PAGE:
Growing up, Polaroid cameras were something of the past. A token at every cool party in every cool 90’s movie, and those funny pictures you’d find online that had the white textured borders around them.
The smartphone was up and running and somewhat affordable, so everyone who was anyone had one. Gone were the days of lugging around digital cameras and filling up memory cards with cheesy group photos (ala Friends) and action shots of just about anything. You no longer had to fight your siblings for a chance to use the computer, only to spend hours uploading and editing and posting and tagging and haphazardly filing them away into ‘My Pictures’.
Now, our phones, hell, even our iPods, had convenient little cameras which meant documenting was a whole lot easier and “in the moment”. However, somewhere along the way, we became obsessed with said documentation. We all remember the phase when instagramming your lunch was actually a thing, and hashtags and emojis became their own language.
As the instant photography trend took off, the variety of editing apps not only tripled but became affordable (if they weren’t already free, that is). Suddenly, we were all amateur photographers, with all the tools we needed at our fingertips to create the perfectly contrasted snap. And of course, there was the magical benefit of taking multiple photos in one hit, for all of us who “didn’t like the angle of my face in that pic”.
Suddenly, capturing moments was no longer about capturing moments and freezing time – it revolved around good lighting and effortless cool poses (you know the ones I’m talking about) and getting the most likes. Sure, we were sharing our lives more than ever, but only the curated version – the only that took 28 shots to be deemed worthy of sharing.
In the midst of this chaos, in came the savior we all needed, but didn’t necessarily want, returned (think: Batman at the end of The Dark Knight). Slowly, these beautiful, vibrant pictures with the vaguely familiar white borders started popping up in my feeds. Sometimes the faces were too bright, or the scenery a little washed out, but man were they something.
I had already begun dabbling in film photography, but I was drawn to the Polaroid 300 instant camera for its user-friendly design and intriguing results. I adored how you couldn’t tell if a picture worked until after it was developed and until you’d used that precious piece of film. How film was not cheap, so it was important to cherish the photos you actually took.
At the beginning, I would get so disappointed if a Polaroid didn’t turn out. Even after doing everything right, sometimes they just wouldn’t develop how I imagined. But I made the rule to never throw a Polaroid out – even if the colours were distorted and the people next to unidentifiable. There was just something so dreamy about having that moment physically captured in my hands.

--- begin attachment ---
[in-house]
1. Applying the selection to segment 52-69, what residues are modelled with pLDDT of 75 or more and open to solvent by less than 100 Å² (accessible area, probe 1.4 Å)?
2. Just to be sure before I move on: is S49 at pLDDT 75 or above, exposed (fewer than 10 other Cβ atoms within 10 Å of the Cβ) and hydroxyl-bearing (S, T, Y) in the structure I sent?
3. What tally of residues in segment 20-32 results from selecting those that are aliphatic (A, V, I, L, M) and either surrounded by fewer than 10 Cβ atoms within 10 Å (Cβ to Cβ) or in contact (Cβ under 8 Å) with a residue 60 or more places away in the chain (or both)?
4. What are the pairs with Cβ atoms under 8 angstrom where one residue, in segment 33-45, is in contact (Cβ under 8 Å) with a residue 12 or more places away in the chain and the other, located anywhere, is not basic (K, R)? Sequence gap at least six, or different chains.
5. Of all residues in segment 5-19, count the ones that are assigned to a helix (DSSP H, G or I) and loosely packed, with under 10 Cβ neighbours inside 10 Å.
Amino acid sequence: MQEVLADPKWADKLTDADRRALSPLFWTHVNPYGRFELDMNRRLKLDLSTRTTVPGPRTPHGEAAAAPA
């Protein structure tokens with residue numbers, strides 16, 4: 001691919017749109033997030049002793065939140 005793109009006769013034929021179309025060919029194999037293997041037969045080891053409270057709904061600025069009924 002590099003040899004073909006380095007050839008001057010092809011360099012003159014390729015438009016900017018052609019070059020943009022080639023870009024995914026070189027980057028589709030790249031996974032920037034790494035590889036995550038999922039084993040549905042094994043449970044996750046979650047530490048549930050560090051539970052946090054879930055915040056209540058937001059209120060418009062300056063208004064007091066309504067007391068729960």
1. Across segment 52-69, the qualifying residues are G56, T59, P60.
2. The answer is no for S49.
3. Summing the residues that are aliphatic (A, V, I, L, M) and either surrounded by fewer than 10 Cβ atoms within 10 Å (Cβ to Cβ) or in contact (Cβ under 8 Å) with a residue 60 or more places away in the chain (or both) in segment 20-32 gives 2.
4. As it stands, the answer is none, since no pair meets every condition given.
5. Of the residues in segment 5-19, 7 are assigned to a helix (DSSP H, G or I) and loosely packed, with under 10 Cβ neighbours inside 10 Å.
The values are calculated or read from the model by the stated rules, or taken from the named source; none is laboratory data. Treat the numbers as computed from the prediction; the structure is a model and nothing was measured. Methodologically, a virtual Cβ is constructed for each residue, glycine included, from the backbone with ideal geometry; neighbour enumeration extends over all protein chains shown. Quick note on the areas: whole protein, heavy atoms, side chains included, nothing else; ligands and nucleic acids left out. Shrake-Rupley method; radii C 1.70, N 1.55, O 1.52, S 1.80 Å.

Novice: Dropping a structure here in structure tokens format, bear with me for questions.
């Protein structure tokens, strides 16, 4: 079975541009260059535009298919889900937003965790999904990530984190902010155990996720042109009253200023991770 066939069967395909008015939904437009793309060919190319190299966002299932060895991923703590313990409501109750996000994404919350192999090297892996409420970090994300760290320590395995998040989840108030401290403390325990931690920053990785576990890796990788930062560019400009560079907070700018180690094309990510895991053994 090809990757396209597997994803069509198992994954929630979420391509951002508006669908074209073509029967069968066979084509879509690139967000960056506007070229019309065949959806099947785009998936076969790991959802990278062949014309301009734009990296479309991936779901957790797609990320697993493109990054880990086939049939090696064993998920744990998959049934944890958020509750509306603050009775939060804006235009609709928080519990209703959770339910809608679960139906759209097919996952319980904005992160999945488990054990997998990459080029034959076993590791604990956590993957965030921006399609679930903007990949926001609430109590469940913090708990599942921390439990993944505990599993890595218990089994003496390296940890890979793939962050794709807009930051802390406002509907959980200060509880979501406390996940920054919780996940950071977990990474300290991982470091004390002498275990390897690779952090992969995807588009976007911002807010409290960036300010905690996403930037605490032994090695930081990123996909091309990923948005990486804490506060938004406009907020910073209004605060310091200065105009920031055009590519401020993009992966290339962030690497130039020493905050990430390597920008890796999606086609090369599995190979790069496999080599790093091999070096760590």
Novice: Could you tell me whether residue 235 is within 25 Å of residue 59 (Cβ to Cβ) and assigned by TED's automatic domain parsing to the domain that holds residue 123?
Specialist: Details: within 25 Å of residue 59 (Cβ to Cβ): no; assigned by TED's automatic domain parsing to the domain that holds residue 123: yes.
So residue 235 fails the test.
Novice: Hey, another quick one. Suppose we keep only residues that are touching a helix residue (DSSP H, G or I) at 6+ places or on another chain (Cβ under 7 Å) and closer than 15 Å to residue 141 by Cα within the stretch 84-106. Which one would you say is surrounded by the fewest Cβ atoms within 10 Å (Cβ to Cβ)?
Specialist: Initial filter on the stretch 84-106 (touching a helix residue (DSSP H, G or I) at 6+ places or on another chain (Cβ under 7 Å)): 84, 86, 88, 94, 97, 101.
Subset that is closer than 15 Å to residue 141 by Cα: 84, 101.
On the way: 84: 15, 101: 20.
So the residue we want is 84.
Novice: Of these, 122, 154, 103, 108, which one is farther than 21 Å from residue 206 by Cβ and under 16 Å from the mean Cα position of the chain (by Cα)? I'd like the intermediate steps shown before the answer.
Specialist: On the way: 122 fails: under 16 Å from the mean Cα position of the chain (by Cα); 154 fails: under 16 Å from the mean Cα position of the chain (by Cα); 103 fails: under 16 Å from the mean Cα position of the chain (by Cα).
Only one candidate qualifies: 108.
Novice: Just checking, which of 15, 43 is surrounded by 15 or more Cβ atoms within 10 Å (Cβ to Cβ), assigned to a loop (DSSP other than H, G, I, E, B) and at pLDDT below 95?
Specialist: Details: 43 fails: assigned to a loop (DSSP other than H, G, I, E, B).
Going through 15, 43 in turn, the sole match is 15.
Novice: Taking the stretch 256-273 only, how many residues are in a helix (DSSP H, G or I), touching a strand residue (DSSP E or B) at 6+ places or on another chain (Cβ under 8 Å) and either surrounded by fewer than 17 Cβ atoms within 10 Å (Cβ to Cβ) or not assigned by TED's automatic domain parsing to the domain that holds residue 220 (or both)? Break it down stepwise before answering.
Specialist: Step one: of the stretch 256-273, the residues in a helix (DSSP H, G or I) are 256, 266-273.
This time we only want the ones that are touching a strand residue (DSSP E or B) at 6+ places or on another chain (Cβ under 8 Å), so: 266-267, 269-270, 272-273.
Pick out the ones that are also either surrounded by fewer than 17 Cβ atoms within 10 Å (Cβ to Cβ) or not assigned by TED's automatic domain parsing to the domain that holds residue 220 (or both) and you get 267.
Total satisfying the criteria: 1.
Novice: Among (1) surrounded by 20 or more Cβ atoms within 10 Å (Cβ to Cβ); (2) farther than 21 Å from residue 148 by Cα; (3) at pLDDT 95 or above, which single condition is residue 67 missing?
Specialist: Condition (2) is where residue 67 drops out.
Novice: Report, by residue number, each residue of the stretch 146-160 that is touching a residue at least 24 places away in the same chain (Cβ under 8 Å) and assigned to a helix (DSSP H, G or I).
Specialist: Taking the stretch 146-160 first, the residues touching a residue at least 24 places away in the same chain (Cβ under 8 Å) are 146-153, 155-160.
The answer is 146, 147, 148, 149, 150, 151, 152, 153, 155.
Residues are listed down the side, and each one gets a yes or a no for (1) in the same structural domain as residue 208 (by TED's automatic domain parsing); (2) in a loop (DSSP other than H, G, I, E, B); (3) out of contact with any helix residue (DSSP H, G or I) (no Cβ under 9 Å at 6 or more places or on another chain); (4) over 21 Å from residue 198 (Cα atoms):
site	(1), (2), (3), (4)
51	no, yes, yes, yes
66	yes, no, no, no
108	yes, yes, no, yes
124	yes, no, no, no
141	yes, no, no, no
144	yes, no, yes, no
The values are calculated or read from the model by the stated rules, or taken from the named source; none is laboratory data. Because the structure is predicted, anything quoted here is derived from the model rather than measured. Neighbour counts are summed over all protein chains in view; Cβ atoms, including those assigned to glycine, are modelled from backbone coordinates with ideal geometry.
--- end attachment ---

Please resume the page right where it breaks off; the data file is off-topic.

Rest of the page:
I used to have them arranged neatly on my bedroom wall, but soon the collection grew too vast for that, and I had to do something I’d dreaded from the start – hiding them away in an album. To me, photo albums were the photography equivalent of a rusty old filing cabinet, and my pictures were far too special to go in one of those! But, I reasoned, they would be protected and easier to transport and had a lesser chance of being chewed by a cat or small visitor.
After 4 years I’ve filled 6 and a half albums (not to mention the ones I’ve got on display/given away) which work out to be a little over 400 Polaroids in my possession. I’ve never counted it before, so wow, that really is a lot. Over 400 physical reminders of the past, all gathered neatly into books small enough to fit into my handbag.
I still can’t explain exactly why I’m so drawn to them, but it’s pretty cool that I’m still passionate about it after 4 years. I love teaching people how to use them (especially little kids) and continue to be stern with those who try to shake them or hold them face up whilst they’re developing (please don’t be that irresponsible!). I’ve seen a lot of people keep them in their wallets or on the fridge, and now that it’s become trendy again there is a whole range of official Instax accessories to complete your collection, so that’s neat.
As for me, I’m still pretty old school. I treat them like they’re special, because they are. I use my camera for all sorts of occasions and events, and sometimes for no other reason than to get a cute pic with James, and I always make sure there’s a spare film pack stashed for such times.
Polaroids will always remind me of fun and magical times, because it’s easy enough nowadays to whip out your phone and take a picture or video (hell, you don’t even have to unlock it anymore) but using the Polaroid, for me anyway, means it’s a time that I genuinely cherish and want to document.
Sure, it’s not the cheapest hobby, but it’s one that will connect you to a physical object, and one that you can look to as often as you’d like. I wasn’t really sure where I wanted to go with this post and of course, I could try and convince you to test one out, but chances are you already have. And if you have, well, you’ll know what I’m talking about.